Mara Hoffman turned its New York City office into a hub of sustainable shopping Thursday.
In a first of its kind pop up, the brand showcased and sold repaired and renewed items rescued as part of a partnership with The Renewal Workshop. The pairing was a first of its kind for The Renewal Workshop, too, as the company committed to recovering unsellable inventory has worked largely with outdoor brands rather than fashion, partnering with companies like The North Face.
For Mara Hoffman, the idea is about extending the life of its garments.
“Our ultimate goal is circularity, but for this purpose it was to look at how do we take garments that didn’t really have a chance to be sold and how do we renew them and repair them,” Mara Hoffman VP of sustainability Dana Davis, said.
Rather than discarding items with simple defects, Mara Hoffman sent the damaged inventory to The Renewal Workshop to be repaired, cleaned and renewed.
As part of the process, all products are first cleaned using waterless technology, according to The Renewal Workshop director of sales Michelle Flores.
“It’s a liquid CO2 that combines with detergent and goes through a sort of normal washing process sans water and then comes out dry. So there’s very minimal waste,” Flores said, adding that the Oregon-based factory only has to empty a small bucket of sludge roughly every six months, which it disposes of as biohazard.
Repaired Mara Hoffman product comes with a co-branded The Renewal Workshop tag, which certifies the product was renewed in the U.S.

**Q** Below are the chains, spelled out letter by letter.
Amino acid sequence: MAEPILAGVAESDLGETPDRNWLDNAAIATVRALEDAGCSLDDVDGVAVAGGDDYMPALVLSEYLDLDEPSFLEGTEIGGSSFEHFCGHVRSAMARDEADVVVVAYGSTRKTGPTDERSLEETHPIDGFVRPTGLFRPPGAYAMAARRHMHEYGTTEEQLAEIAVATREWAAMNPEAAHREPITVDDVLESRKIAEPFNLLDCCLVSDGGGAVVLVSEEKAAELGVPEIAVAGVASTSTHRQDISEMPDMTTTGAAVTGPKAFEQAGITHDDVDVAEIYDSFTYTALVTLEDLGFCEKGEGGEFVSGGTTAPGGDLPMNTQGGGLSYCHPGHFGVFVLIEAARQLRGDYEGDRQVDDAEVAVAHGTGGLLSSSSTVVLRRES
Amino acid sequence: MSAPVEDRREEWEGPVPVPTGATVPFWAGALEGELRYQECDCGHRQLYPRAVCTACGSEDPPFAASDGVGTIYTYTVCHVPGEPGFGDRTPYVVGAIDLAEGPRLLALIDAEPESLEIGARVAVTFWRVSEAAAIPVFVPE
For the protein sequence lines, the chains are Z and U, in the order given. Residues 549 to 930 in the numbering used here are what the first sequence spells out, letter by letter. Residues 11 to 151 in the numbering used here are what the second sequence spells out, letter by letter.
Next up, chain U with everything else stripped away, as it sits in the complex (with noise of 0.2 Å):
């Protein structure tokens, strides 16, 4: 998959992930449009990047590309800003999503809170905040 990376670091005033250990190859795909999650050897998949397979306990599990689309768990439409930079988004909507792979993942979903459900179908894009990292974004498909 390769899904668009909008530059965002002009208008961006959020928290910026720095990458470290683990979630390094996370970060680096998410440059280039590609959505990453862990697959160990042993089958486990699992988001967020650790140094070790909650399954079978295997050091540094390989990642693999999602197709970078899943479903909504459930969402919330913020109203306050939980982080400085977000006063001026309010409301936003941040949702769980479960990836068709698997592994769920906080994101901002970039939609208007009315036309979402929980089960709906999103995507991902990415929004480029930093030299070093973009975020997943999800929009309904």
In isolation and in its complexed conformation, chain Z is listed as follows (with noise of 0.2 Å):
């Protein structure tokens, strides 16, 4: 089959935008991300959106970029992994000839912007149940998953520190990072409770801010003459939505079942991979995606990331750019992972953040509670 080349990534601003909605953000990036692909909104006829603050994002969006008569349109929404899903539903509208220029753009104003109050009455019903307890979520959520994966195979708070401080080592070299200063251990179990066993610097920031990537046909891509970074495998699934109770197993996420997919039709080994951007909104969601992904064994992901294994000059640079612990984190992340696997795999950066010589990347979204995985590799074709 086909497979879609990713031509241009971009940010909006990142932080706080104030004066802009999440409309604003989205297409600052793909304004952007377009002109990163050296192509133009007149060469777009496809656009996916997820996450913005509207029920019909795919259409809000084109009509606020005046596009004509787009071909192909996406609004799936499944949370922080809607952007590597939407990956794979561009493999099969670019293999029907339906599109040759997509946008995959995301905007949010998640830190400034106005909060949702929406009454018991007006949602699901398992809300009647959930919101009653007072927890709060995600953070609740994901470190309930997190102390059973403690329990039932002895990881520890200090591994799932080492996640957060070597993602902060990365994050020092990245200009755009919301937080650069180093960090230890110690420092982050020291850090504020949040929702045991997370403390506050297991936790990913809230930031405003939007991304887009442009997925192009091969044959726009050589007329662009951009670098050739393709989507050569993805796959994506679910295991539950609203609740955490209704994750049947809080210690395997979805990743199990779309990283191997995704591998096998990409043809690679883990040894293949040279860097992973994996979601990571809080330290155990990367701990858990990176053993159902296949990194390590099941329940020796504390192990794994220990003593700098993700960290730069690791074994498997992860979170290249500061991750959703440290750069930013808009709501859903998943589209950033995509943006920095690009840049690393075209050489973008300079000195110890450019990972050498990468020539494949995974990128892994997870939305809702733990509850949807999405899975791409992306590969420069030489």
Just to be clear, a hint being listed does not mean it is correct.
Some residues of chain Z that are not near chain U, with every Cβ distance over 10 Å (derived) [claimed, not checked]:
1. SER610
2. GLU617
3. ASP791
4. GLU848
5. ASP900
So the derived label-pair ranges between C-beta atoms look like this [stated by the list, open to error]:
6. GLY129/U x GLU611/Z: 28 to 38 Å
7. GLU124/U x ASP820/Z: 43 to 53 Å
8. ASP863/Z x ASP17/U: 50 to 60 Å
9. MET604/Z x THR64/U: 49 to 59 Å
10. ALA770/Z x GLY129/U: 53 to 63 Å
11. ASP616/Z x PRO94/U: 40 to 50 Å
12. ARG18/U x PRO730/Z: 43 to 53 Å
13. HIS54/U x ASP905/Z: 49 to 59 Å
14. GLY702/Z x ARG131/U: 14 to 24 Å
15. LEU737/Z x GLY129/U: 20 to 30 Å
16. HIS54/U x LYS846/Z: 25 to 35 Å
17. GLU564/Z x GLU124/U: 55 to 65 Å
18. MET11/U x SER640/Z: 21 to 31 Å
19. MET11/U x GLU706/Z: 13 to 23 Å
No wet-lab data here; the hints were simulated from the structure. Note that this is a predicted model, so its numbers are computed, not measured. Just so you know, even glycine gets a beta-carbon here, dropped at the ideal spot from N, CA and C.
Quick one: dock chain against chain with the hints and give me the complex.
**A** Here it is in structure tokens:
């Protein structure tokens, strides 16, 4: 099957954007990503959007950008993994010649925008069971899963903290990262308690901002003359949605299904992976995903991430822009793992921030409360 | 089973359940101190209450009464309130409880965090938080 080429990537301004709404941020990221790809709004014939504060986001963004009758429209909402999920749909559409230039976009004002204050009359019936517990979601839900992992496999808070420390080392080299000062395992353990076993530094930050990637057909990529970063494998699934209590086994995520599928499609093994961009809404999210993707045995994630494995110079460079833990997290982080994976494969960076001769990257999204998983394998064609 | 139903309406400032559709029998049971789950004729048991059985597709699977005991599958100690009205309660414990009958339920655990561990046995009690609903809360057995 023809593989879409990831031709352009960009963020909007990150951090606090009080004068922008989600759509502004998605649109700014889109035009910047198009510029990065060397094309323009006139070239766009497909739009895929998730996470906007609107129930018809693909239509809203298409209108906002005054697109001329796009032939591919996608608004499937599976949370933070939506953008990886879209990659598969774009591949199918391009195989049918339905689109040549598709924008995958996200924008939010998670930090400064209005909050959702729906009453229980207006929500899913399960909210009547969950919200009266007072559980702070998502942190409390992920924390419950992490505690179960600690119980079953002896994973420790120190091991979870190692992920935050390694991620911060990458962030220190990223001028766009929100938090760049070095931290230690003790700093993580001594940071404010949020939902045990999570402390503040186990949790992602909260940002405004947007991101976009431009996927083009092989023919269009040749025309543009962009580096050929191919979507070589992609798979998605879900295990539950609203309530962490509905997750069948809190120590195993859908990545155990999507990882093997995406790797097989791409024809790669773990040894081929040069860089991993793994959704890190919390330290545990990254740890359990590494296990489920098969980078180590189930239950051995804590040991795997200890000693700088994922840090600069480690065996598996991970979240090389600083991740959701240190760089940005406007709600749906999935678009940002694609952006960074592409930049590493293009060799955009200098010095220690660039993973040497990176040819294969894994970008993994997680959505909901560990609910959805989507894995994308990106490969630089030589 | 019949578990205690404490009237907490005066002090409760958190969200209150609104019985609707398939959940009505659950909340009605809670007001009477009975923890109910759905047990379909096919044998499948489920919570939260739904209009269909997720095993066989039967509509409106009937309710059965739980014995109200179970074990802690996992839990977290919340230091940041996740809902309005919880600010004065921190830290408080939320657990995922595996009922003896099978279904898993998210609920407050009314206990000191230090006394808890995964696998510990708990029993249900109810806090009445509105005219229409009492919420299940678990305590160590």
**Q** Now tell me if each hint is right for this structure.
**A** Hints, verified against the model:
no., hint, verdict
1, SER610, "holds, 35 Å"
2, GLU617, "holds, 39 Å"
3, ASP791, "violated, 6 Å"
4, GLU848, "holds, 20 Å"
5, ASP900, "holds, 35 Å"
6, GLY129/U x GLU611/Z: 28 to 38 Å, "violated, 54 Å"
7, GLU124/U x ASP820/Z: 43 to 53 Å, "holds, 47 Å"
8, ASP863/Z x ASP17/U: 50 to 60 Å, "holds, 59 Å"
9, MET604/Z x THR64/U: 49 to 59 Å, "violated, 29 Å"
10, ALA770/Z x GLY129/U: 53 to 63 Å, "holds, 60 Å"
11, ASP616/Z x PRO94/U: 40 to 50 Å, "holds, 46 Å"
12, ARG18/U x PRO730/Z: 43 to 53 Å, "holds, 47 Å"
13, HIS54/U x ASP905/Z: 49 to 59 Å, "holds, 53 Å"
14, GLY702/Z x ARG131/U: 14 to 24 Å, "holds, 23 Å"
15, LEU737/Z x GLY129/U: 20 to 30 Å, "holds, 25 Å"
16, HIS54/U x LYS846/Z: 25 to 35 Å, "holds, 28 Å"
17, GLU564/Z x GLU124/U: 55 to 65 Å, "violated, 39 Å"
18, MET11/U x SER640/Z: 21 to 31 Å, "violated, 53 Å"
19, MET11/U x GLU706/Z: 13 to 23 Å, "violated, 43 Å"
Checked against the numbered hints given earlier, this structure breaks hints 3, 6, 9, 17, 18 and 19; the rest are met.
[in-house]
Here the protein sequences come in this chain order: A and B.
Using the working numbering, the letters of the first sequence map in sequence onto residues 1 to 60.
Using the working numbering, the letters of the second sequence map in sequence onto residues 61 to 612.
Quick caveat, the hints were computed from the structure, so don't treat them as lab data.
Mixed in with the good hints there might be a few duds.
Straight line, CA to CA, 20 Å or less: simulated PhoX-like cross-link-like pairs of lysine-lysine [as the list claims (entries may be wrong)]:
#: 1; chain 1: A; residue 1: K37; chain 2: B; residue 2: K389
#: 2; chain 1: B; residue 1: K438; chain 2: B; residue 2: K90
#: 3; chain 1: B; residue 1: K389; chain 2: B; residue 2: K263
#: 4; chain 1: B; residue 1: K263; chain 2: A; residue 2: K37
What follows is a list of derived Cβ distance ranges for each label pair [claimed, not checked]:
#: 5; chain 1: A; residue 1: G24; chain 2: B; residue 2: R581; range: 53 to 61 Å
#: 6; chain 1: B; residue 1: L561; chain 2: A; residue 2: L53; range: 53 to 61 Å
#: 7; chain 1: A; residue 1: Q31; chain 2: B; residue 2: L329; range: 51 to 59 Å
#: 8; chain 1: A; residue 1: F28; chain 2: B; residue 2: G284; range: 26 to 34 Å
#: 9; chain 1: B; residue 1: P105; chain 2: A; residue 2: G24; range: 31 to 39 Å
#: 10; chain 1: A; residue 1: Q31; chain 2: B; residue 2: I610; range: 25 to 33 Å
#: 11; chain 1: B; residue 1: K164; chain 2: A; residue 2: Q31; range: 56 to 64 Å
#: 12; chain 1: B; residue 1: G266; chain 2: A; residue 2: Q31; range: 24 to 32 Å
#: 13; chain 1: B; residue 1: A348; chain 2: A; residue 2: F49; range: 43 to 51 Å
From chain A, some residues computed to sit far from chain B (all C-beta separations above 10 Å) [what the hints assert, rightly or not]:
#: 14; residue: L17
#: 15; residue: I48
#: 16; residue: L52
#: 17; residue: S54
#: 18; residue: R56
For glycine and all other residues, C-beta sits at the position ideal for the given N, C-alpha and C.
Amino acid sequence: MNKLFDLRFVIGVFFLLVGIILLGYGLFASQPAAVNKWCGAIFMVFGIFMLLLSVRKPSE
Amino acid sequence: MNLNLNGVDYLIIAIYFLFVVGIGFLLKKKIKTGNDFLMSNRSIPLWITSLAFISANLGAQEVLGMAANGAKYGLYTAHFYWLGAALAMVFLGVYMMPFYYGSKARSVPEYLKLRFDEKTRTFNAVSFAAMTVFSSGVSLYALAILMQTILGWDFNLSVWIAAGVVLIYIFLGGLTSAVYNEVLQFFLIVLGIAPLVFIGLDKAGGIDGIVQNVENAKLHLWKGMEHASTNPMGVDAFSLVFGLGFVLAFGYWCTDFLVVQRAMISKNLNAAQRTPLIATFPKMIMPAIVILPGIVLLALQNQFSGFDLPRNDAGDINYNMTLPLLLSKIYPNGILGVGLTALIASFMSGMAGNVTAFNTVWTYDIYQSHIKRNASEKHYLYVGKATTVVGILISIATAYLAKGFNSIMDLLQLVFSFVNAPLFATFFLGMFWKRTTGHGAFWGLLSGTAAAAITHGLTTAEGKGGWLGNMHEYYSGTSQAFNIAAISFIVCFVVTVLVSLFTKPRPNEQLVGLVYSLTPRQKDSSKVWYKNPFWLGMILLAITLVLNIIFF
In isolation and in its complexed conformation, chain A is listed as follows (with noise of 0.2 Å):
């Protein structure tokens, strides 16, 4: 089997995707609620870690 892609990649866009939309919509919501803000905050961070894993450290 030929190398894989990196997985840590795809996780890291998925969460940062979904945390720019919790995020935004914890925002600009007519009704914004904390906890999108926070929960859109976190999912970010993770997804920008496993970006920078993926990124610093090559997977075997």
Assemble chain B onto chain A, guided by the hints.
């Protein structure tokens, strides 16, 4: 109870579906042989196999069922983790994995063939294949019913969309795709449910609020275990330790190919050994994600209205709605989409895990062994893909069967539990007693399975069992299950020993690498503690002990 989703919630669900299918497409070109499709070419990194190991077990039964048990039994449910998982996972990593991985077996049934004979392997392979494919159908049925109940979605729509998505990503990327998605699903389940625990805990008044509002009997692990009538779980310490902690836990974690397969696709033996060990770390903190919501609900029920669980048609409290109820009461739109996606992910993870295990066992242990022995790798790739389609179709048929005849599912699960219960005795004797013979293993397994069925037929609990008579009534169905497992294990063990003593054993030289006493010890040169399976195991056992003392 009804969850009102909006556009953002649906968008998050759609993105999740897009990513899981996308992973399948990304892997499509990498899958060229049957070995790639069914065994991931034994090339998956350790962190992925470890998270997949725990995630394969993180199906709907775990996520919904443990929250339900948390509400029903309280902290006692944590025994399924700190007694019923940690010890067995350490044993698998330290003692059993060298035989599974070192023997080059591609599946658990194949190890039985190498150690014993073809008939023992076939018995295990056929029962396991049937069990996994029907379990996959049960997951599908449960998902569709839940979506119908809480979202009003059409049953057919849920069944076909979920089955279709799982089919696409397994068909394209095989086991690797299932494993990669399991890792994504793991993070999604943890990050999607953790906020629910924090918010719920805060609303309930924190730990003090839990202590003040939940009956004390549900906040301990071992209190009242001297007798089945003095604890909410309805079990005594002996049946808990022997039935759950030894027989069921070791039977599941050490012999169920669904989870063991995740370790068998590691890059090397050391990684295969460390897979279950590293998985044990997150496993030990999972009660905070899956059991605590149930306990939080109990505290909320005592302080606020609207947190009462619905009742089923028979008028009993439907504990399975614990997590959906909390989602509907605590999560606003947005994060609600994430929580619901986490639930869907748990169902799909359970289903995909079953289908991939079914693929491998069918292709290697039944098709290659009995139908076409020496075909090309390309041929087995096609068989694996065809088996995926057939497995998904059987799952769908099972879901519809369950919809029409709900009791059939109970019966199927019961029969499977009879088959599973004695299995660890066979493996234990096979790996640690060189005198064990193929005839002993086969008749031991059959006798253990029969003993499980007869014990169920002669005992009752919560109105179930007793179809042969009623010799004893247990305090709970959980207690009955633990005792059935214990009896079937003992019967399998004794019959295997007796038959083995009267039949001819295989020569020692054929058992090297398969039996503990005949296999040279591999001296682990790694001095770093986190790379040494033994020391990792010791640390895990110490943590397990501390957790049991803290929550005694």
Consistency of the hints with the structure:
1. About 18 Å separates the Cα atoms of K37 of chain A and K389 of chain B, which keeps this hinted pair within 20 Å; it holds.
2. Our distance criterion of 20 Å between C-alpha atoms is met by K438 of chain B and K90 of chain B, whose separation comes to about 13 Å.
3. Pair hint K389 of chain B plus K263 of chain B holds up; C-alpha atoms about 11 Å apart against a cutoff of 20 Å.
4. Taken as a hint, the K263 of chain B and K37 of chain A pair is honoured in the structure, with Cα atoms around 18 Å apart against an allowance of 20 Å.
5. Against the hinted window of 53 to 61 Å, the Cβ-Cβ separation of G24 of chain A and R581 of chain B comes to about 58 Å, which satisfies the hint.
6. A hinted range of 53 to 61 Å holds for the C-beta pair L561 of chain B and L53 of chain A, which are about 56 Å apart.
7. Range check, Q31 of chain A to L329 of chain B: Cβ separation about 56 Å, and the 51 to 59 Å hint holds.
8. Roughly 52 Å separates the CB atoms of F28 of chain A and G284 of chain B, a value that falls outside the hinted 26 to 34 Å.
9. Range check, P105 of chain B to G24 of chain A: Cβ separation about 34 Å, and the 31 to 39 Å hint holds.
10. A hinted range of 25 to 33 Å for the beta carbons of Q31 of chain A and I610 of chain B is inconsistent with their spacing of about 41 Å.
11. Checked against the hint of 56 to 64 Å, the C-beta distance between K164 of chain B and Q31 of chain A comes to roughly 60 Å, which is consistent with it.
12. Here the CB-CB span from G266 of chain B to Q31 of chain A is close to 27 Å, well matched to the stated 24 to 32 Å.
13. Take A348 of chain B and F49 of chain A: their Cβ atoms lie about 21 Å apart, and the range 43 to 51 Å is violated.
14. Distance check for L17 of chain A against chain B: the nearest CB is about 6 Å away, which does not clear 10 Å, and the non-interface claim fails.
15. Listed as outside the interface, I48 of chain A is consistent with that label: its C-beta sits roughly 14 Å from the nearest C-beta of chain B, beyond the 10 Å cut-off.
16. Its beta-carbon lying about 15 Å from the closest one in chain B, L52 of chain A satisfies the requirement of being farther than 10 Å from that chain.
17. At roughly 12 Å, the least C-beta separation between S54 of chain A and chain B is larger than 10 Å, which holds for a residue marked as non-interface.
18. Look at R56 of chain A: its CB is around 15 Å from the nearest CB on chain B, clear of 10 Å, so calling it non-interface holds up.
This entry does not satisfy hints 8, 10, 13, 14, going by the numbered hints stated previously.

Already known for her sustainable design ethos, Mara Hoffman, founder of the eponymous women’s fashion brand, wanted to take the company’s eco efforts a step further, which led to The Renewal Workshop partnership.
“One of our major goals is to close our loop and really become fully circular in the way that we’re doing things, so this was kind of a no-brainer for us to be able to partner up and find somebody who could support this initiative,” Hoffman told Sourcing Journal.
For companies keen on closing the loop on their apparel production, one of the biggest issues has been finding what to do with the inventory, a challenge Hoffman said she faced, too.
“We’re hoping that this pilot can jumpstart what we’re trying to do on a large level moving forward,” Hoffman said. “If this works for us, this kind of system, then that will be one of the ways that we’ll be able to create full circularity in what we’re doing. It’s a big deal for us.”
Looking ahead, Davis said plans are in place to eventually add the renewed product to the Mara Hoffman website, as the brand continues its “long-term commitment to longevity.”